Portland Charter Commission poised for decisions on mayor’s role

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With two meetings left until their preliminary report is due, the Charter Commission seems to have reached consensus on the authority it wants the mayor to have, including the ability to introduce legislation.

An April 6 meeting was the final meeting the group had with a facilitator to help guide them through a governance proposal discussion – the most substantial thing the group aimed to accomplish, which also proved to be the most troublesome and time consuming.

Shay Stewart-Bouley
Portland Charter Commissioner Shay Stewart-Bouley: “This process went off the rails months ago.”

While the meeting continued the use of unofficial straw votes, commissioners have also sent a list of approved powers to their attorneys to be written into charter language. They have a first reading scheduled on this proposal at their April 13 meeting.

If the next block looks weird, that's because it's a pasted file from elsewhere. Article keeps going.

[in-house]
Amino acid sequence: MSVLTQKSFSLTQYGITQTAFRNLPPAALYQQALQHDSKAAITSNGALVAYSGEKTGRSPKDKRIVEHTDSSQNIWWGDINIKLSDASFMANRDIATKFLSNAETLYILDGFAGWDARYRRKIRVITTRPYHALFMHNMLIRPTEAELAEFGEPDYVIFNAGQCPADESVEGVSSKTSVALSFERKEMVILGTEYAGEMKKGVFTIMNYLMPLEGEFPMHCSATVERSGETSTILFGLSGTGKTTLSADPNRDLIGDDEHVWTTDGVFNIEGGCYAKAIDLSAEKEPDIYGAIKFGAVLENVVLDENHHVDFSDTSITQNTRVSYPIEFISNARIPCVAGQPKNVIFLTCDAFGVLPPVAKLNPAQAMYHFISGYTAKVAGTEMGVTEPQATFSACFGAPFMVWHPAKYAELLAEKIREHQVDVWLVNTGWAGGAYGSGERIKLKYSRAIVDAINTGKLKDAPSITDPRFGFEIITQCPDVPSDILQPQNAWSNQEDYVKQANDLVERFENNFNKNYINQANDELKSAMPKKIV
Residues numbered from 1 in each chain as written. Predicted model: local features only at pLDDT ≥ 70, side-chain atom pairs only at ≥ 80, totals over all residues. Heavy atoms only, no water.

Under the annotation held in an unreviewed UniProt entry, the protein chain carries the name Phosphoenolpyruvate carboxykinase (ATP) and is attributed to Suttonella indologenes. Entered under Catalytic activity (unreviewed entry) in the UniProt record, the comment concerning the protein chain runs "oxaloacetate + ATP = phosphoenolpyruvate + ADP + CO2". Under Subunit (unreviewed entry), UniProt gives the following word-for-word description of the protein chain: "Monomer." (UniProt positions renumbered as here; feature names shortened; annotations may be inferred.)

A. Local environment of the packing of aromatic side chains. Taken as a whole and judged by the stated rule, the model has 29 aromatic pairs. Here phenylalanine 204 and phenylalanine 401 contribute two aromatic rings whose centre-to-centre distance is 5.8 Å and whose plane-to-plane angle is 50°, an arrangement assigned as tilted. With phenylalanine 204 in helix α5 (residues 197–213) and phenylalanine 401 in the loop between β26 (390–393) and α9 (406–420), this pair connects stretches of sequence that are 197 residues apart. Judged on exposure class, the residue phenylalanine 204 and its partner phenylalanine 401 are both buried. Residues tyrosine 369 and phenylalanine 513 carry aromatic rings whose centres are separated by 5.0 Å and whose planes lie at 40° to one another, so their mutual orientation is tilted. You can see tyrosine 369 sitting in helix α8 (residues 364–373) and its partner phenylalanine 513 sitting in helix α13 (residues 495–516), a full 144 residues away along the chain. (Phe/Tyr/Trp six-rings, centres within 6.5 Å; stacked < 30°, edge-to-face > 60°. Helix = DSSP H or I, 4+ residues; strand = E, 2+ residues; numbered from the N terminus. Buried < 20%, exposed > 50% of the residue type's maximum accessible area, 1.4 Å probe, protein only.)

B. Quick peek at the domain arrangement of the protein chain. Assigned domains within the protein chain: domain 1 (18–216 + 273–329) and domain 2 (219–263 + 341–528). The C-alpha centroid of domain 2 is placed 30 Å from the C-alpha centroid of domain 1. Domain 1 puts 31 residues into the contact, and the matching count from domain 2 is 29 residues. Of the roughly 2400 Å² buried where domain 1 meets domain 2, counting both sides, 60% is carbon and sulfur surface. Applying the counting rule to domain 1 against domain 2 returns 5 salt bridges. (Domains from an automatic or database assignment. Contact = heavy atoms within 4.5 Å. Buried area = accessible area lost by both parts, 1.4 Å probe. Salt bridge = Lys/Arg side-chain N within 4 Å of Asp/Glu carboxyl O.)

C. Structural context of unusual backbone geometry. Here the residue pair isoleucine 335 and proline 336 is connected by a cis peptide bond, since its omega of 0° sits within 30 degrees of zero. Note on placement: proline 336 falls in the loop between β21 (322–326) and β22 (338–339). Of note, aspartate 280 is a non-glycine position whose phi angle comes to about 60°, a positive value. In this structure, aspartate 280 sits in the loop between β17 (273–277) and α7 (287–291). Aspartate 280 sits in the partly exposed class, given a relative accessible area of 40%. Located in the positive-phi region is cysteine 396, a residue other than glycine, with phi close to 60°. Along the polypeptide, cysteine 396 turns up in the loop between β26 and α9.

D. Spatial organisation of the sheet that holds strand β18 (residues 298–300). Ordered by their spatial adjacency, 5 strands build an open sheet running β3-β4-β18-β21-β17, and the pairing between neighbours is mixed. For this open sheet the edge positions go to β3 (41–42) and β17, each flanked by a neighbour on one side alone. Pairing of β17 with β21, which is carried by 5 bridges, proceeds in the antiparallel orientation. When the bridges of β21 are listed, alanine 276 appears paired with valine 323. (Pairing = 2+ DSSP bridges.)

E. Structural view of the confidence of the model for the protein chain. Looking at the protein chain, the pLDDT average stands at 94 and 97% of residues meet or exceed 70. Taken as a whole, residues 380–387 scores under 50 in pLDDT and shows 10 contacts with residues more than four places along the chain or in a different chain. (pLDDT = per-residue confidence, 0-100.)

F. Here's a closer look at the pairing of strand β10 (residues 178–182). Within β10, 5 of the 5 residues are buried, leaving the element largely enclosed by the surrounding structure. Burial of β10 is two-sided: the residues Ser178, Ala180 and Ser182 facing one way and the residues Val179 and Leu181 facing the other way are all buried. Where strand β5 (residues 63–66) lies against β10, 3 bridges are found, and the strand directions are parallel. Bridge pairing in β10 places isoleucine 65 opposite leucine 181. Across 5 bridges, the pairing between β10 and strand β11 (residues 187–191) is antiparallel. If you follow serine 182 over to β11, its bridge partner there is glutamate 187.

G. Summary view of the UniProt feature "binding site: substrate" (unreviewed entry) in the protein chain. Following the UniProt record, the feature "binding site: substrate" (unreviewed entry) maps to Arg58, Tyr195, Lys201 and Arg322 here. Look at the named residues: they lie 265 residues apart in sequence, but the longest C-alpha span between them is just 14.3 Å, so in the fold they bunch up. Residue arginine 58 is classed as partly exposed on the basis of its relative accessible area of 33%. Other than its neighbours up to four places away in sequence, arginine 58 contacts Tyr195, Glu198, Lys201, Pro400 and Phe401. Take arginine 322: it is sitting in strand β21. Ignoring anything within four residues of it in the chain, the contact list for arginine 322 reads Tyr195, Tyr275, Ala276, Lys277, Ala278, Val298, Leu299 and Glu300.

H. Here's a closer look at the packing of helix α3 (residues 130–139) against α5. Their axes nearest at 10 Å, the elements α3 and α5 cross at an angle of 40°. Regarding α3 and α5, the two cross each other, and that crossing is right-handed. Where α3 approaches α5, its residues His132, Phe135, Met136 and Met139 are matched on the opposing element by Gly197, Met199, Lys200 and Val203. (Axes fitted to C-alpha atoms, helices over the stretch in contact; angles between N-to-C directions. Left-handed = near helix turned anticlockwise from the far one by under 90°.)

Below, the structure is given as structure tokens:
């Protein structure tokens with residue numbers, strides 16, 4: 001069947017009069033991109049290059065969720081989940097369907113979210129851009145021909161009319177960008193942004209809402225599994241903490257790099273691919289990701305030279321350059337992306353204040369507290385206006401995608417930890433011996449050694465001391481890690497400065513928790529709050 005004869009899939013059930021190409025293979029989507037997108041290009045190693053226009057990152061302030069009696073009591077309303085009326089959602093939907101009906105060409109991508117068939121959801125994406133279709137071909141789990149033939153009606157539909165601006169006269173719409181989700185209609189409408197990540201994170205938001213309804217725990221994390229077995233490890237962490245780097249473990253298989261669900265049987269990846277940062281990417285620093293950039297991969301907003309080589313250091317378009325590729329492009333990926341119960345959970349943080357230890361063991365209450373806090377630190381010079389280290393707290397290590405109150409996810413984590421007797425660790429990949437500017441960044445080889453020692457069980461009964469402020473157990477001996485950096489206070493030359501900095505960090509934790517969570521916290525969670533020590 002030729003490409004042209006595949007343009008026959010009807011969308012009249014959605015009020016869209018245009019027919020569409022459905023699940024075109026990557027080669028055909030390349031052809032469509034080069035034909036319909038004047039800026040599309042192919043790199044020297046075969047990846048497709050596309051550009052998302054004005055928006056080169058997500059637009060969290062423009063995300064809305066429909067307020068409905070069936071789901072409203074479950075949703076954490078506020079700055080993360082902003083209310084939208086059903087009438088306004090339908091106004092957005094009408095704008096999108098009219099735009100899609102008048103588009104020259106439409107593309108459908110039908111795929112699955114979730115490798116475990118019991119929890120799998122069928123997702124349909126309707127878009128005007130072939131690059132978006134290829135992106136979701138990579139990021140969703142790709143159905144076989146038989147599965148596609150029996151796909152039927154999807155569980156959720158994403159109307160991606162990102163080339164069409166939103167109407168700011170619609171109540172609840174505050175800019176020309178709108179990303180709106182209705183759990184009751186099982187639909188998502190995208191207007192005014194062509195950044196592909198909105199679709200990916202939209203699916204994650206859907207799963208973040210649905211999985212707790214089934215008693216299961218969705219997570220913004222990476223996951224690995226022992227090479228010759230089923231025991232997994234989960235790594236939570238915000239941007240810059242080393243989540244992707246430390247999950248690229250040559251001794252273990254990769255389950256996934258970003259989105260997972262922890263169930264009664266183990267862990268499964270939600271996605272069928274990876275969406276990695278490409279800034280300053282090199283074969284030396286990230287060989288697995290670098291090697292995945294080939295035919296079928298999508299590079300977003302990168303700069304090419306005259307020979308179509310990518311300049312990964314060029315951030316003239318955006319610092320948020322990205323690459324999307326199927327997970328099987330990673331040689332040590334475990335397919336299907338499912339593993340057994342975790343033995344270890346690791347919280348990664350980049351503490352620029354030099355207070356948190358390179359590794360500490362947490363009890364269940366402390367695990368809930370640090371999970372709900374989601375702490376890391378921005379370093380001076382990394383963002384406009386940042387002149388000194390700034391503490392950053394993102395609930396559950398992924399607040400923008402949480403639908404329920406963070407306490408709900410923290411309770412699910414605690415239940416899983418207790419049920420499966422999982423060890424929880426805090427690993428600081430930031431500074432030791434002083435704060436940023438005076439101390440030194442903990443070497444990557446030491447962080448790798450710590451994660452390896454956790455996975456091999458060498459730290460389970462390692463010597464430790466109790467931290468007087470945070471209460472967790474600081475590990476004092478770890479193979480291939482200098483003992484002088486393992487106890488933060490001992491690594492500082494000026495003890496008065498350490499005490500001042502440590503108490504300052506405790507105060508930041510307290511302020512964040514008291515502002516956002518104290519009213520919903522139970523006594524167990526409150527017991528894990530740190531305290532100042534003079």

Since they don’t follow Robert’s Rules of Order, it is technically possible commissioners could also vote that night, although they have said they want to have a public hearing before voting.

Some commissioners still expressed displeasure with the piecemeal process they have taken, and said they may not support the final, full proposal when it returns for a vote.

Commission Vice Chair Shay Stewart-Bouley said the process to reach agreements on the power structure was not what was originally sought by the governance committee, on which she served. She said the committee came up with a proposal and forwarded that to the commission, but the process became complicated when Commissioner Nasreen Sheikh-Yousef introduced a competing proposal.

Now, Stewart-Bouley said, this “convoluted” process “feels geared towards a conclusion I don’t necessarily support.”

“This process went off the rails months ago,” Stewart-Bouley said, echoing Commissioner Marpheen Chann, who during the previous full meeting of the commission said he had “lost faith” in the process.

Chann and Commissioner Peter Eglinton on April 6 also said they were unsure if they would support the final governance proposal.